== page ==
Environmentally-Friendly Biolamp Concept

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Engineers typically consider the ability to transform pollution into fuel a holy grail of the applied sciences. A Hungarian engineer may have been able to do just that, however. Peter Horvath is attempting to market a device termed a biolamp that lights up the street while simultaneously removing carbon dioxide from the surrounding atmosphere. I think this is a really great idea if it can get off the ground. Read More →

What’s Killing Our Honey Bees – And What’s at Stake?

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Along with other pollinators (which include hoverflies, butterflies and moths), honey bees perform a crucial role in the production of one-third of all the food we eat. Honey bees alone pollinate roughly fourteen billion dollars’ worth of food crops annually. They comprise a necessary part of the living ecosystem, and we would be hard-pressed to supply our world’s food needs without them. Read More →

Solving Environmental Problems Through Metabolic Engineering

Environmental problems, such as depleting natural resources, highlight the need to establish a renewable chemical industry. Metabolic engineering enhances the production of chemicals made by microbes in so-called “cell factories”. Next Monday, scientist Professor Sang Yup Lee of KAIST (Korea Advanced Institute of Science and Technology) will explain how metabolic engineering could lead to the development of solutions to these environmental problems. Professor Lee’s work is cited below for reference. Read More →

Overpopulation & Implications for the Future

As the world’s population grows, the world’s problems seem to be growing right along with it. Many of these problems were poorly understood in the past. Few people could have predicted the problem of agricultural emissions, for instance.

Growing enough food for a burgeoning population is becoming increasingly difficult. Fewer researchers have commented on what resource consumption to produce that food is doing to the world’s environment. Moreover, there is a theoretical limit to the amount of food that can be produced. The world may very well reach a peak population before it finally begins to level off.

Another major issue comes from the total amount of human waste produced at any given time. Humans consume oxygen and exhale carbon dioxide. Sewage is a major issue. In fact, many researchers have predicted that wars will soon be fought over access to clean drinking water and other basic necessities.

Many systems of controlling the population have failed. However, it’s interesting to note that many wealthy nations have aging populations. Falling birthrates are actually a major problem in some of the world’s richest countries. While the population continues to boom in newly industrialized powers as well as the third world, nations that have had massive economies for a long time are aging rapidly. We’re seeing this in the U.S. right now.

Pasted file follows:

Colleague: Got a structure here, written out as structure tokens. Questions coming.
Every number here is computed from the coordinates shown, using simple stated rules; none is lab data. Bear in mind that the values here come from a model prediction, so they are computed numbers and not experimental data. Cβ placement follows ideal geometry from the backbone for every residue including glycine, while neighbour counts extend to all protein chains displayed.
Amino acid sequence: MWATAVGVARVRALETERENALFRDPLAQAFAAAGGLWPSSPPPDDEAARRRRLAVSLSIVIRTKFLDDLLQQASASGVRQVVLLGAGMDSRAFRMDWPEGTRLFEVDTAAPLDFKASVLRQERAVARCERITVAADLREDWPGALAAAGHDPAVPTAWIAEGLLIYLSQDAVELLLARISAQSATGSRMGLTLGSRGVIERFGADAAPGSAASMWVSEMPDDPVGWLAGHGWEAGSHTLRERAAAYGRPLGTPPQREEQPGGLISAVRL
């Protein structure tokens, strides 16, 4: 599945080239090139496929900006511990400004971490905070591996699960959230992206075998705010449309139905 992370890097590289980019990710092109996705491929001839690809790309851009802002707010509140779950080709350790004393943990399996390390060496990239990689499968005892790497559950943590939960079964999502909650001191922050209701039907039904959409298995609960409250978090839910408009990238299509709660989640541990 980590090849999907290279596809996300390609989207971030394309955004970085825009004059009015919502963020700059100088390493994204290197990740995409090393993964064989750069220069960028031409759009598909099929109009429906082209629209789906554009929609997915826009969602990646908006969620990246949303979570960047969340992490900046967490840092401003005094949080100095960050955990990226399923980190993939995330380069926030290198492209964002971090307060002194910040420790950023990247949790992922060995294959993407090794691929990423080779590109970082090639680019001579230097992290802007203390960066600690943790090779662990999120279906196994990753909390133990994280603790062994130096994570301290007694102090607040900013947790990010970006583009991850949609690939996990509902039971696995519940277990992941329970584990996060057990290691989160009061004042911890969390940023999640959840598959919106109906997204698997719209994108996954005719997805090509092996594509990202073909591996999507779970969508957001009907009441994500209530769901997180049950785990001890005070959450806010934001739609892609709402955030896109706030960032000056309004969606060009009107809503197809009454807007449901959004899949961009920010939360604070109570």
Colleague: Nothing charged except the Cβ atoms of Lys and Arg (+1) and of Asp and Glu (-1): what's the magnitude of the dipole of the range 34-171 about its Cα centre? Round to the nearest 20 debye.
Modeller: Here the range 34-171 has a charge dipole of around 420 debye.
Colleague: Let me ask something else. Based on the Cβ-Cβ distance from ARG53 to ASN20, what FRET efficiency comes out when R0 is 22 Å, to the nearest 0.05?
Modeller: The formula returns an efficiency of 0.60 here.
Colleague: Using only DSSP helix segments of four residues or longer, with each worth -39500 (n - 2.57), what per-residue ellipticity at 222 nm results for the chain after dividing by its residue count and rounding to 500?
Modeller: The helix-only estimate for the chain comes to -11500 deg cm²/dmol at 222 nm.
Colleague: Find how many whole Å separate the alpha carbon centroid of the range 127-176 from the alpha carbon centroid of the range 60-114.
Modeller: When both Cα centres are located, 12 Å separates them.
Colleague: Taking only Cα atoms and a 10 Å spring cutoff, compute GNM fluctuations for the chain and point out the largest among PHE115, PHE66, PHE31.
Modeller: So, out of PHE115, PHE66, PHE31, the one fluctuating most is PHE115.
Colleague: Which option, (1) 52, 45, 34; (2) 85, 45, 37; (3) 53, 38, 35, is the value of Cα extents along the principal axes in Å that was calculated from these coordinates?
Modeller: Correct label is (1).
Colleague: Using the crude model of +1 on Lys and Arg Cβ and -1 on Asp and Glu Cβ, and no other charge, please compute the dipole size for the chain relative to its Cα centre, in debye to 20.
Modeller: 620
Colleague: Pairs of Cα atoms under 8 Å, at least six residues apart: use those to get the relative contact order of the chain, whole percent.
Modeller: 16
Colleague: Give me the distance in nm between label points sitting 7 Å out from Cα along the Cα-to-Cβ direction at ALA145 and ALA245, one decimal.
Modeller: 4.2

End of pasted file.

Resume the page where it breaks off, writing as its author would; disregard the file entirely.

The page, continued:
As smaller nations become wealthier, they are less likely to become overpopulated. People living in an industrialized society are less pressured to have large numbers of children. Moreover, the stress of having other obligations limits their amount of time to develop massive families. While unnatural methods have seemingly failed to control the spiraling populations of third world countries, economic development and technology may do it organically.

Other mitigation efforts are starting to be discussed as well. While extraterrestrial migration has long been seen as science fiction, it’s a realistic proposal. Space colonies and terraforming techniques are genuinely within the realm of possibilities…if we can only get started! That means that people might be living amongst the stars much sooner than anyone may have thought. Until then, however, more drastic control methods will remain in place. Most of these, with the exception of economic development, are highly undesirable.

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Carbon Cycles in Extraterrestrial Atmospheres

A great deal of time is spent discussing the carbon cycle and what it means for the Earth’s climate. It seems that scientific journalists are very focused on issues surrounding the absorption of carbon. However, comparatively few people discuss what these theories could mean when applied to space exploration. Venus, for instance, lacks a natural carbon cycle. It currently lacks oceans, which means that no great carbon sink absorbs anything. There’s no biomass to take in gas either.

That doesn’t mean that humans couldn’t create one. Forests and reefs could be constructed over a long period of time to terraform the planet. While it would take decades, its not as unrealistic as one might think. Likewise, Mars could actually stand to benefit from the greenhouse effect.

As climatologists learn more about the Earth, they develop models that can be used to develop other planets. Nearly any terrestrial object in our solar system that has an atmosphere could be reshaped and used as a cradle for whatever life forms were deposited on it. Policymakers had better be sure that life doesn’t exist on a rock before attempting such a procedure, however. It’s better to be safe than sorry in that situation.